I do my best to update patients on delays, procedures–that whole thing, but it just frustrates me when it’s not enough. That’s when I find it hard to “act”.
    You did a great job recognizing that family member’s want for some control. You can go home and put your head down knowing you are a good nurse and tomorrow will be another day (or night).


  • Candy
    Candy

    February 14, 2008 at 12:48 pm

    Him, if you weren’t a good nurse you wouldn’t care, because GOOD nurses do care. But this isn’t about caring, it much more.

    My dear, you are suffering from burnout. Not just job burnout, but, even more dangerous, life burnout. Look at what you’ve dealt with the past year and what’s on your plate now.

    Snapping at a colleague is not the problem, but a symptom. When everything irritates you, it’s a sign that you’re on the bottom of the pile. You know what dumps down on the bottom of the pile.

    The American Idol higher power covers lots of other things, too. Paradoxically, it seems to me my HP is harder to access when I really need him — I’ve been mad at mine for a year and have struggled as a result. A good place to start might be to forgive yourself for shortcomings, real or imagined, and your HP and anyone else, too, that has disappointed, hurt or been mean to you.

    Then, take a deep breath and drive to your nearest Starbucks. Get a delightful coffee beverage, go sit in a corner and DO NOTHING. Put on your sunglasses and just sit.

    Then consider this. The system is broken and does need fixing, but you can’t affectively do anything about it when you’re overhwlemed yourself. You need a break — and need to give yourself a break.

    Get a massage. Take the Coast Starlight (Amtrak) to Portland. Drive up to Stinson Beach or visit someplace quiet in Napa or even Fort Bragg. Go walk on the beach and see how the water teases the sand away.

    Then let out that deep breath and shed a few tears for what was, what won’t be and what’s to come. Reinventing, like debridement, is laborious, painful work. Just do a little bit at a time.


  • Mother Jones RN
    Mother Jones RN

    February 14, 2008 at 7:41 pm

    I start repeating, “I love my job, I love my job,” when I’m stressed out at work. The theory of “fake it till you make it” isn’t working for me. I don’t know that it ever will.

    MJ


  • sonya
    sonya

    February 18, 2008 at 6:24 pm

    Oh how I relate! I work in nursing, and if more people assessed the situation instead of freaking out, there wouldnt be so many trips to the E/R.. I bought responselink medical alarms for my parents, its too bad that everyone didnt have one,,,lol,, since the live operator will assess the situation and then call for help, it might slow our nursing duties down just a tad for non existant emergencies… JMO.,. lol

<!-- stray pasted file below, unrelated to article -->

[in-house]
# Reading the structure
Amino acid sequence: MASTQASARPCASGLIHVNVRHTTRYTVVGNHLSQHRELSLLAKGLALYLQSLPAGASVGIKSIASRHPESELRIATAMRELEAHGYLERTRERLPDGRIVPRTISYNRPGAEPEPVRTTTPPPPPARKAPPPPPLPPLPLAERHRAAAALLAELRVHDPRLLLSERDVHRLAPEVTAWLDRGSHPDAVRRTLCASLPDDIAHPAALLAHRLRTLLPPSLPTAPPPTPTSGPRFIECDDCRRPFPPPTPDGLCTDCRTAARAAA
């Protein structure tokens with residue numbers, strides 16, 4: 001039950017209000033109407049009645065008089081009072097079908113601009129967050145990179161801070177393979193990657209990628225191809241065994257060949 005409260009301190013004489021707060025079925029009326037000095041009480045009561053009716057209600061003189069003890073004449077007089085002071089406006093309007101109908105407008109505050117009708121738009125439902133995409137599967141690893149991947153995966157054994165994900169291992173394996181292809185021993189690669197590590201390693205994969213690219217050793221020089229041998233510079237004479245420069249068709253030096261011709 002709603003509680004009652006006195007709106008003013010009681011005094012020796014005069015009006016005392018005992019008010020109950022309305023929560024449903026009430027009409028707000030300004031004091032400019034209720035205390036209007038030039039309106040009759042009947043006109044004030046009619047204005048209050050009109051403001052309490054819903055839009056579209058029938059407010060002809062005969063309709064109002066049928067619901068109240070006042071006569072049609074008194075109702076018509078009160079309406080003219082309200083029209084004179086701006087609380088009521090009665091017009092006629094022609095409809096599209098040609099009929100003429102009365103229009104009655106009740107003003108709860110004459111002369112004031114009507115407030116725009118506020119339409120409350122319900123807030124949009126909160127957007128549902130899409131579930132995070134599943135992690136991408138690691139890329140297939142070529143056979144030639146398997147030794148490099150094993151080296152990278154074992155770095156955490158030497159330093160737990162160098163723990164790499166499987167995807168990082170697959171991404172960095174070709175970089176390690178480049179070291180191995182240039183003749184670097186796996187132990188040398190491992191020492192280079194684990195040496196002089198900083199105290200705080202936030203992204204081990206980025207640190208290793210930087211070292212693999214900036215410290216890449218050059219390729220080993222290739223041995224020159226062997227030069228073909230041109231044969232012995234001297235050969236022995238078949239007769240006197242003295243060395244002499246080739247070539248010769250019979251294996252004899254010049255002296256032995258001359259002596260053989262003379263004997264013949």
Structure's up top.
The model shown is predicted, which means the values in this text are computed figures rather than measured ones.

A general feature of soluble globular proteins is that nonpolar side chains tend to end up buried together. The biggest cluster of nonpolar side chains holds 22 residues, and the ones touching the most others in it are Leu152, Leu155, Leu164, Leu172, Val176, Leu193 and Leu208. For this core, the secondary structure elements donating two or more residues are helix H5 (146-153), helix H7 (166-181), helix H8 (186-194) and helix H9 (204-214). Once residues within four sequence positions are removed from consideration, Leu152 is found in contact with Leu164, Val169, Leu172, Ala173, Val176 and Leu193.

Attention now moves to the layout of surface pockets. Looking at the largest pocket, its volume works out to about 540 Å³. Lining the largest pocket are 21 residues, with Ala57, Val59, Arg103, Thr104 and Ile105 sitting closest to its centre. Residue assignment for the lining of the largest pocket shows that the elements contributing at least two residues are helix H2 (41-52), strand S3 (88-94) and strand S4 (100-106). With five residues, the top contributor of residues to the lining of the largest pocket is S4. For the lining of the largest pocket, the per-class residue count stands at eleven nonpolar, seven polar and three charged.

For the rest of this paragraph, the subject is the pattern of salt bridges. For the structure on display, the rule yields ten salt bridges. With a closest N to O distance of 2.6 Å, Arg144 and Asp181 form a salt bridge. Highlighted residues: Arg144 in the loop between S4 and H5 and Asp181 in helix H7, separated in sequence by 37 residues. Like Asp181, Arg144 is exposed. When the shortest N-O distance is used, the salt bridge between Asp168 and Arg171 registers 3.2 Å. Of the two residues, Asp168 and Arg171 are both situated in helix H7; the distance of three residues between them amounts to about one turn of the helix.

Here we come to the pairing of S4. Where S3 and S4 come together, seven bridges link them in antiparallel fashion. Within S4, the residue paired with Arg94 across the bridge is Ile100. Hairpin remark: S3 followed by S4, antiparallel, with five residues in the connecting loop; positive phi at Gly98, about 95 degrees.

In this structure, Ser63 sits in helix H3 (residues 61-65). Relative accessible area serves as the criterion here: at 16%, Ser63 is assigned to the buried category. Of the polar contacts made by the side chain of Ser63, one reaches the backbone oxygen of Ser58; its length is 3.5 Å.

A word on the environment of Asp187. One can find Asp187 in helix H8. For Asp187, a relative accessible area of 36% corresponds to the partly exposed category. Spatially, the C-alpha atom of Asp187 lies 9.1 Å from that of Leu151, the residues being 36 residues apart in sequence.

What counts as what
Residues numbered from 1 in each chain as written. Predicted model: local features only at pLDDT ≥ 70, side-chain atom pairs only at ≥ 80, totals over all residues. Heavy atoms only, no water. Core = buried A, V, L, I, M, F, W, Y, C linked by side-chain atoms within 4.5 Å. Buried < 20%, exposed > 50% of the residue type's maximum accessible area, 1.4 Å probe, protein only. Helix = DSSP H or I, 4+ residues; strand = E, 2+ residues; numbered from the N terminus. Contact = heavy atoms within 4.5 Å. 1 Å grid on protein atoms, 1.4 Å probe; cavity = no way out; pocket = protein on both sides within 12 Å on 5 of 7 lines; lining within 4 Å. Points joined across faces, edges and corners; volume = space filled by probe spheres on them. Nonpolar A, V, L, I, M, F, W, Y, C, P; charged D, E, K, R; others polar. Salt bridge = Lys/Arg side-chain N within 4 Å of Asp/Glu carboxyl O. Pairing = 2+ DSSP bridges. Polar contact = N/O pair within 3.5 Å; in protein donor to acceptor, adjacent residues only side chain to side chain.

• Lorettajo Kapinos
    Lorettajo Kapinos

    February 19, 2008 at 9:58 pm

    How very well spoken!!!! Every day, at least at some point, I feel that way at work. I have phrases that I keep silently in my head to review for my own personal entertainment. The only one I will actually think about saying out loud is: “If you can effectively yell at me, then it may be safe to assume that you can breath effectively as well.”


  • Alisha RN
    Alisha RN

    February 20, 2008 at 1:48 pm

    OMG, had almost the same incident happen to me this week! Trying to teach re meds, reaction, allergies and the son went almost balistic on me. More than anything I have experienced in ANY career in my life. He asked if I wanted him to go to my ‘manager’ and in an unrestrained moment I said “Yes, yes I do, and tell her I was trying to teach the pt’s family about medications and reactions and that’s what pissed you off, just go ahead, tell her.”
    I don’t care if he did, I hope he did. I will defend my practice ’til the end.
    Maybe the same madness that is occuring out on the west coast is the same madness that is occuring here in the midwest.
    Just had my first pt die of DIC, I caught it before the MD’s did. For >48 hrs before she coded I asked 4 MD’s “could this be DIC?” Answered by, “no, she’s got other issues and a systemic infection”. I’ve never seen a pt bleed like this. A 56 yr old, bleeding from everywhere. She was a sick lady, but that was rediculous. I documented EVERYTHING.
    But that doesn’t change the fact that she isn’t here any longer.
    I always enjoy your blog, thank you.
    Alisha


  • Firedog
    Firedog

    February 21, 2008 at 5:19 am

    Kim, you are an excellent example of what we try to instill in nursing students and our new grads. You were being human and humane.


  • Carol
    Carol

    February 21, 2008 at 3:26 pm

    Oh boy do I understand. The same thing happened to my just this week. I felt so bad that I snapped at my charge nurse, I kept apologizing and she finally told me that if I apologized once more she would get upset with me. Luckily she understood where I was coming from, even if I didn’t initially. As for my patients, I love every one even those that are exceptionally difficult. The family however can be rough, I had one wife yelling at me that I was incompetent, lackadaisacal because I did not jump up and start taking care of her husband the minute they walked in the door, after going home that night I realized that she was afraid for her husband and I was the closest thing that she could take it out on. Either way I don’t think I handled the whole situation very well and am trying very hard to improve on my responses to there type of situations.


About Me

My name is Kim, and I'm a nurse in the San Francisco Bay area. I've been a nurse for 33 years; I graduated in 1978 with my ADN. My experience is predominately Emergency and Critical Care, and I have also worked in Psychiatry and Pediatrics. I made the decision to be a nurse back in 1966 at the age of nine...